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Follow the Money

Who’ll be worth what at the postwar-and-contemporary sales.

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Though this spring’s Impressionist and modern auctions on May 3 and 4 are likely to post their usual huge numbers, the real action will take place the next week at the postwar-and-contemporary sales. That’s where the kingmaking takes place, as buyers dissect the market value of those still (or recently) among us. It’s also the New Yorkiest of the sales—the majority of the art on view is hometown product.

Sotheby’s goes first this year, on May 10, with an estimate totaling $63 million to $87 million. The most carefully watched will likely be a major Chuck Close work, John (1971–72; 1). If it nears its estimate of $5 million to $7 million, it would improve on the artist’s record by millions. But no major Close work from this period has made it to market before, so it could go even higher. Also, three Basquiats and one Basquiat-Warhol collaboration will test the fascination with the Brooklyn-born poet manqué. The wordy In the Cipher (1982) from Gianni Versace’s collection is expected to draw $1.5 million to $2 million.

Likely bargains: Warhol’s rose-and-black Shadow (1978) is strikingly painterly—even earnest—for the laconic artist, at $350,000 to $450,000. A Richard Prince appropriation photo, Untitled (Cowboys) #9 (1982), is priced to heat up the salesroom at $150,000 to $200,000. The moody Belgian painter Luc Tuyman’s TV Set (2000), estimated at the same amount, turns a screengrab into an intimation of media horrors.

Overpriced? Warhol’s saucy Liz (1963; 2) is the best of thirteen silkscreens of the Cleopatra-era Ms. Taylor. Her perfectly applied aqua eyestripe may be worth the $9 million to $12 million estimate—but buyers of Warhol’s ladies often prefer Marilyn.


At Christie’s on May 11—where the $147 million high estimate for the postwar evening sale is by far the largest ever—a dramatic grouping of mid-century paintings seem to be their own light sources. The bulk of these works come from a collection being sold to benefit the Jewish Communal Fund, so they even have the bonus of being sales-tax-exempt in most states—not a small factor at these prices. In Willem de Kooning’s creamy orange Sail Cloth (1949; 3), everything looks right—period, size, color, gesture—at $8 million to $12 million. Robert Rauschenberg’s Bride’s Folly (1959) represents a serious chunk of art history, at $3 million to $4 million. Alexander Calder’s impish standing Beetle (1948) is fairly priced for his reliable buyers, at $700,000 to $900,000. Philip Guston is a young painter’s favorite influence these days, and two paintings—The Street (1956), at $3 million to $4 million, and Cup and Brushes (1978), at $1.2 million to $1.6 million—make delectable bookends, spanning his shift from abstraction to blocky representation. At that price, The Street’s sale would be a record for Guston—and private sales have already come close.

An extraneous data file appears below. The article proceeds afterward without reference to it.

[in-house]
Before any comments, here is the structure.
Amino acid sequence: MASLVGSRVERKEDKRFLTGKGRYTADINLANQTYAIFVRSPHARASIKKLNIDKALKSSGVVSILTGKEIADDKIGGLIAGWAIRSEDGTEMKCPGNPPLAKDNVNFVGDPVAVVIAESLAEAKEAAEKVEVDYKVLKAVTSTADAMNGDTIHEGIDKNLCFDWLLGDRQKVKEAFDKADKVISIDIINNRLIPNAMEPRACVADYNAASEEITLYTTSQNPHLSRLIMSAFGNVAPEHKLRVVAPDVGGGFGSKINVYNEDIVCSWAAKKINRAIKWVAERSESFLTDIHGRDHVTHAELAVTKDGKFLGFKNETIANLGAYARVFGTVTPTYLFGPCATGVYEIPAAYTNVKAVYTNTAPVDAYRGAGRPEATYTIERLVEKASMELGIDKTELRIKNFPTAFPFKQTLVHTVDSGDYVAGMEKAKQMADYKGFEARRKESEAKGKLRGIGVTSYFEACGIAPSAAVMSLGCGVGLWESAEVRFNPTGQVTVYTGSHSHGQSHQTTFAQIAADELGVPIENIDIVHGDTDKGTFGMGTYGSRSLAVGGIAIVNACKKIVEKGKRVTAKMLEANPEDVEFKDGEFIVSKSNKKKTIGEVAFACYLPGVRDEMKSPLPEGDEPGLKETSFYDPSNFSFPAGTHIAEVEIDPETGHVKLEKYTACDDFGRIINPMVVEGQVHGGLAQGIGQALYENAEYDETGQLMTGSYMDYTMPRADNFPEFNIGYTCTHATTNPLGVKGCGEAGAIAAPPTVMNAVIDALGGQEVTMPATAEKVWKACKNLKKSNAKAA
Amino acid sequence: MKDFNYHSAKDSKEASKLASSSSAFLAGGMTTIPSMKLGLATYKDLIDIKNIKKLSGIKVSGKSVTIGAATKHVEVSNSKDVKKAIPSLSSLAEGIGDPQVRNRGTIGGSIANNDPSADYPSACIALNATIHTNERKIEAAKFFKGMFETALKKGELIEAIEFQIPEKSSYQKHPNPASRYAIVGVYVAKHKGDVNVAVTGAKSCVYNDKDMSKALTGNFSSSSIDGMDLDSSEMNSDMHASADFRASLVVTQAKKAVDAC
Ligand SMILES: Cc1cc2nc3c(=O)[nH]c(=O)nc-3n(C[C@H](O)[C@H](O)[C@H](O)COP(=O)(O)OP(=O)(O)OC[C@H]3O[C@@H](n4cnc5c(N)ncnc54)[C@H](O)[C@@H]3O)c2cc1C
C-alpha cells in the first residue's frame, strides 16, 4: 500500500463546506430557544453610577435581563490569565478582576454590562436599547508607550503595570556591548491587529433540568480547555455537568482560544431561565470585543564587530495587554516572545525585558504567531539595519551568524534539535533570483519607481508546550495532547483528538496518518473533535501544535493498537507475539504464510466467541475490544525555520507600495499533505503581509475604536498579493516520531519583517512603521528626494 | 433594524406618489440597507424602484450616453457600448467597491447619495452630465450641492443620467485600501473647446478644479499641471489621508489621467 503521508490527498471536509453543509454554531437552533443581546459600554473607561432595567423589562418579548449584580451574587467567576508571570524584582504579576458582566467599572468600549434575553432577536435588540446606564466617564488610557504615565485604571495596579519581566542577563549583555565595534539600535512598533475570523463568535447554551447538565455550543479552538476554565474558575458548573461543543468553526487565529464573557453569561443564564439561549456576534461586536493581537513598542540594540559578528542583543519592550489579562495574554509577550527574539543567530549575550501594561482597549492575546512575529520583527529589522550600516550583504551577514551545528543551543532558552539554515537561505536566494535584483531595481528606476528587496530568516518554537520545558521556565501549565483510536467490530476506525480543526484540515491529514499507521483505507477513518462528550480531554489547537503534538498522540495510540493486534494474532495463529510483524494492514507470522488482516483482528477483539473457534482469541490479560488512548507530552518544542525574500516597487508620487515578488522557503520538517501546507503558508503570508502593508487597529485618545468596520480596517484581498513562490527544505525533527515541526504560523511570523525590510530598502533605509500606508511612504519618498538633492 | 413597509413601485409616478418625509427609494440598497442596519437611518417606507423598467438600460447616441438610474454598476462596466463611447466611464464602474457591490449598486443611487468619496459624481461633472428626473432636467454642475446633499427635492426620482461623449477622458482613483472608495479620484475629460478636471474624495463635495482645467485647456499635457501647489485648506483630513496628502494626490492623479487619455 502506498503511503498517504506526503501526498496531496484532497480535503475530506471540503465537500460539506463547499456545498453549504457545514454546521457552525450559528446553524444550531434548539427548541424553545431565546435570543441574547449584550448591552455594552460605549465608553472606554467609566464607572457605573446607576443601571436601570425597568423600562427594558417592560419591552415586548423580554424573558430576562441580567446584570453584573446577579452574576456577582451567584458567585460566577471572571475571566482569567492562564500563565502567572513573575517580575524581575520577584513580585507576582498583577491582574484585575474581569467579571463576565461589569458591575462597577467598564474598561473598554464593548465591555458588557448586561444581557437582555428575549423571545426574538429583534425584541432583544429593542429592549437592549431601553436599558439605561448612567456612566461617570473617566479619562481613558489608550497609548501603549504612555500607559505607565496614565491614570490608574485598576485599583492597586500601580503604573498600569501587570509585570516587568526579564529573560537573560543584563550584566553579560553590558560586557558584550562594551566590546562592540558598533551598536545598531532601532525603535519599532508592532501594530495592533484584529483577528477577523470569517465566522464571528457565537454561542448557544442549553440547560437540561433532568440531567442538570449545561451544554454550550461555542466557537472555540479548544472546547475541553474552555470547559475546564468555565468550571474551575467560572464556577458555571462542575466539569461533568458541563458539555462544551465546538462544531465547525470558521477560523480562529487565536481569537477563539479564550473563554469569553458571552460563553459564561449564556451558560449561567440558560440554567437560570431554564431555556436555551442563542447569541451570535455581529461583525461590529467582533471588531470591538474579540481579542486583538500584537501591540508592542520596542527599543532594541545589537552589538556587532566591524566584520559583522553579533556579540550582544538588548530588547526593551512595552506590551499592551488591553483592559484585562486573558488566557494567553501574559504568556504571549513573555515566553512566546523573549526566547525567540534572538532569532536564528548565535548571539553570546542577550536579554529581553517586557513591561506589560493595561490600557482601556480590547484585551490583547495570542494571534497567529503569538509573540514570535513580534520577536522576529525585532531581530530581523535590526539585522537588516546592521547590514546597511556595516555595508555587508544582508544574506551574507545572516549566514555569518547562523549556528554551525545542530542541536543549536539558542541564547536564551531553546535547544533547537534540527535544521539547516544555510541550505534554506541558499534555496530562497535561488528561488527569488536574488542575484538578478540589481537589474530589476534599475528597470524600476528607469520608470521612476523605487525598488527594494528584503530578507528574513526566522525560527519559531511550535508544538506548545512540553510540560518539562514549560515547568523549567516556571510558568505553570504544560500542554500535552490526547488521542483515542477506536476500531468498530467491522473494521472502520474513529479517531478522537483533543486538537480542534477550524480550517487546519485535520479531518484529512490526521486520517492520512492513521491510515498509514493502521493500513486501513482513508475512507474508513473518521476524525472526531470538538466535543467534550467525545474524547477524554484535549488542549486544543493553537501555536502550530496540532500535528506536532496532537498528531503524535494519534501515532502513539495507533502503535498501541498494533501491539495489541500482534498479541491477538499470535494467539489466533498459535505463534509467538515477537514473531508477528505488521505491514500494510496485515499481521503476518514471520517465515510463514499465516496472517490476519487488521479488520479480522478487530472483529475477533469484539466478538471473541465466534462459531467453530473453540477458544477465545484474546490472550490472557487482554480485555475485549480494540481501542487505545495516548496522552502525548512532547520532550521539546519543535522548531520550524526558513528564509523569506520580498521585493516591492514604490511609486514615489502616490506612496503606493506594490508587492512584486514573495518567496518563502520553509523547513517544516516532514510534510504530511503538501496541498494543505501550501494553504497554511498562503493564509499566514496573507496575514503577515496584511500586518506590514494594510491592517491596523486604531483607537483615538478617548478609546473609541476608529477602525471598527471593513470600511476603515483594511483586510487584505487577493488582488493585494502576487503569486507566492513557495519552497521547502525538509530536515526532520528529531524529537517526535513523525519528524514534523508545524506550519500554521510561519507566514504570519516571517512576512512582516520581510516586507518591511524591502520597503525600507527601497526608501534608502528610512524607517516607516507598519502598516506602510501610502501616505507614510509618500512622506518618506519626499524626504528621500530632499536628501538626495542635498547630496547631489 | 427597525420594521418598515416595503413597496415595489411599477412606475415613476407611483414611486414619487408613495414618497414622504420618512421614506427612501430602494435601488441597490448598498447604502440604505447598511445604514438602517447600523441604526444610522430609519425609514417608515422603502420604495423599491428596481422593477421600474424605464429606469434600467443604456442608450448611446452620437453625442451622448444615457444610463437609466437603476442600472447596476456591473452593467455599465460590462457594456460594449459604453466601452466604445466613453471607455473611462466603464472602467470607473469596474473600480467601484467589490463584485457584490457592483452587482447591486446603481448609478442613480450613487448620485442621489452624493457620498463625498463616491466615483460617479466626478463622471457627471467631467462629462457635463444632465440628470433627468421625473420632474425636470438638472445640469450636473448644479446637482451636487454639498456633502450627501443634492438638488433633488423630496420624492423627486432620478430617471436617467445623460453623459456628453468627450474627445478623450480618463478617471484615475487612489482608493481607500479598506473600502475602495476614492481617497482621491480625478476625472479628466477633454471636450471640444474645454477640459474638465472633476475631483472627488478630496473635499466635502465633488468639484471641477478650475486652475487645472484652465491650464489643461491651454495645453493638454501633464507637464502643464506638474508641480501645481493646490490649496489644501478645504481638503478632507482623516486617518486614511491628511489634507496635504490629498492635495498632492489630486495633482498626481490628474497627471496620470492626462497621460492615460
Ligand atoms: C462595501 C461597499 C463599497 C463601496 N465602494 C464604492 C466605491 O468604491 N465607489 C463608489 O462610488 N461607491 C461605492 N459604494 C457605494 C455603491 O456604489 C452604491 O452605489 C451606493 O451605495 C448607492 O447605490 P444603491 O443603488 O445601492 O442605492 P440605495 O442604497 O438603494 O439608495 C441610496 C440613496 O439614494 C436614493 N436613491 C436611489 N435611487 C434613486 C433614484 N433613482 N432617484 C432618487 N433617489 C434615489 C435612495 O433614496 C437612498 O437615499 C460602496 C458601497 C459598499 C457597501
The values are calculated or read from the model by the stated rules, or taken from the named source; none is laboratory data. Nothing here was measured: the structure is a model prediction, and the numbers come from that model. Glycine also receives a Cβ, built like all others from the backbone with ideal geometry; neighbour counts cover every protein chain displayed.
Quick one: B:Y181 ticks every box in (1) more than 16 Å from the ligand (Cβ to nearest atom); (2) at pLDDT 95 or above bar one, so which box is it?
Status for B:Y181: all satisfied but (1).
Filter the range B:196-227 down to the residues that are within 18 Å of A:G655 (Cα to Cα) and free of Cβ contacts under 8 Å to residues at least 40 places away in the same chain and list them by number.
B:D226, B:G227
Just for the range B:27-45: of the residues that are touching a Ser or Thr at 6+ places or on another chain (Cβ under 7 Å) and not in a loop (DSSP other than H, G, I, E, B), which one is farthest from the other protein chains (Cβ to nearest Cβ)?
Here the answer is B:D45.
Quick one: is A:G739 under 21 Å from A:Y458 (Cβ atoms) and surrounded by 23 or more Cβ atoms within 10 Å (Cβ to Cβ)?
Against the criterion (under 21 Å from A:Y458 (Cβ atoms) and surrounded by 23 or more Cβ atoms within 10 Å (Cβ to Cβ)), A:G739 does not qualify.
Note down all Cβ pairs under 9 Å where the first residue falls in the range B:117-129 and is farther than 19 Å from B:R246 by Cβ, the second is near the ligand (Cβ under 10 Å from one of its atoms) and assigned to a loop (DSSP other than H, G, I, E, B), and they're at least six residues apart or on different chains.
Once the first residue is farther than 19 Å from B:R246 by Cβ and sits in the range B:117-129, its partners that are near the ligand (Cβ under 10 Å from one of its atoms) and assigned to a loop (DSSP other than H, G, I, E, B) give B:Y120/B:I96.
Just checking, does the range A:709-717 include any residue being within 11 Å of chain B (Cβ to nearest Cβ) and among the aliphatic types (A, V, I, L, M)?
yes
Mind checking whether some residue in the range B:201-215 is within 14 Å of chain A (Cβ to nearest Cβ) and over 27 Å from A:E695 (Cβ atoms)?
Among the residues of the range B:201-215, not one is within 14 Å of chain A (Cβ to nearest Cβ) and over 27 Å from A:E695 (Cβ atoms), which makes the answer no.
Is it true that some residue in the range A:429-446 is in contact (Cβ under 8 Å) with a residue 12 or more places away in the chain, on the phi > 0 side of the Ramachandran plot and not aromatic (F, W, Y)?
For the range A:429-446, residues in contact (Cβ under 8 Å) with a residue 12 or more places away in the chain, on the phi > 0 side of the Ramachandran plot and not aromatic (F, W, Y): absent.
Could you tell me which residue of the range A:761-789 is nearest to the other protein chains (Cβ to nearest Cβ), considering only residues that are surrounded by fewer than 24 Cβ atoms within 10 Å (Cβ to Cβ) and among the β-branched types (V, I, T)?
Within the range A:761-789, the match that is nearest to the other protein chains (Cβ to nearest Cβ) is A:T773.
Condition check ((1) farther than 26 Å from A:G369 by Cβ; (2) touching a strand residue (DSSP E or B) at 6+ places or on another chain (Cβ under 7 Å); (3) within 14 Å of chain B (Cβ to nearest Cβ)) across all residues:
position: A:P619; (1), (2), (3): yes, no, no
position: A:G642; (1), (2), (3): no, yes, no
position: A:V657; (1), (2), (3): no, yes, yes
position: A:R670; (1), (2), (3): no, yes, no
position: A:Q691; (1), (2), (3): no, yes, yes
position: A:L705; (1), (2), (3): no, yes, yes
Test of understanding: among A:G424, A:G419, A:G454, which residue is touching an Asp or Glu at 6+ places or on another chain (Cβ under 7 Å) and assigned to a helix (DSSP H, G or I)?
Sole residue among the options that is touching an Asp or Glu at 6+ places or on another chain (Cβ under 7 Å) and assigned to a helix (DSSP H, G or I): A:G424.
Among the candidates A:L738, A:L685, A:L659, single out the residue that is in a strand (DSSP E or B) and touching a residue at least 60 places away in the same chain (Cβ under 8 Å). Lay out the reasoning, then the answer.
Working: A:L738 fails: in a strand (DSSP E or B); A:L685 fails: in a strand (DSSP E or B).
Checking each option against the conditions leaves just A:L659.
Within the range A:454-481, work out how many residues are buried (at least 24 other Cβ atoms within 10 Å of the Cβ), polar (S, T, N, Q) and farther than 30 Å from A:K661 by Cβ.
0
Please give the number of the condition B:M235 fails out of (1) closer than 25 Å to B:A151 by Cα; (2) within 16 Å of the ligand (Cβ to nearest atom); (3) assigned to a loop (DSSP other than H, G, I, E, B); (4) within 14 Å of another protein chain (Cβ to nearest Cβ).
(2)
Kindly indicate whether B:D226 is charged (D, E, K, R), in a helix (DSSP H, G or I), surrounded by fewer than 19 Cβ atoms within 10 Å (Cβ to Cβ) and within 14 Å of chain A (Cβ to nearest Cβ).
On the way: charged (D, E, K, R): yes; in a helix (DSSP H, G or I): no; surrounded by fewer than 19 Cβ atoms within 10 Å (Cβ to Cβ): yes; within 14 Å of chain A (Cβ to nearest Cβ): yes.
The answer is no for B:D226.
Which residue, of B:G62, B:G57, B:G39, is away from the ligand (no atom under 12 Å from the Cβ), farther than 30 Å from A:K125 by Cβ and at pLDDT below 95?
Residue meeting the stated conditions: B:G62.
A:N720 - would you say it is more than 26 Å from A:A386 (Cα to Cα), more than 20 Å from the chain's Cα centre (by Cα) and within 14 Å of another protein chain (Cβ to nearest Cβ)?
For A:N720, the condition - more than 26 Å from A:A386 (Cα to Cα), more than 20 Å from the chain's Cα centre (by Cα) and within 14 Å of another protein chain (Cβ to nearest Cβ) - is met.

Likely bargains: Franz Kline’s tiny Red Field is so chock full of orange and red it can command its own wall, at $100,000 to $150,000. Thanks to the Guggenheim, Richard Serra is the world’s priciest public sculptor, and his Corner Diamond (1986) could be someone’s own private Tilted Arc—how big is your den?—for $400,000 to $600,000.

Overpriced? A late Edward Hopper, Chair Car (1965), is one of the last Hoppers in private hands and appeals to film-studies buffs and Americana collectors alike. But it carries an (unpublished) $15 million estimate, well above the artist’s auction record.


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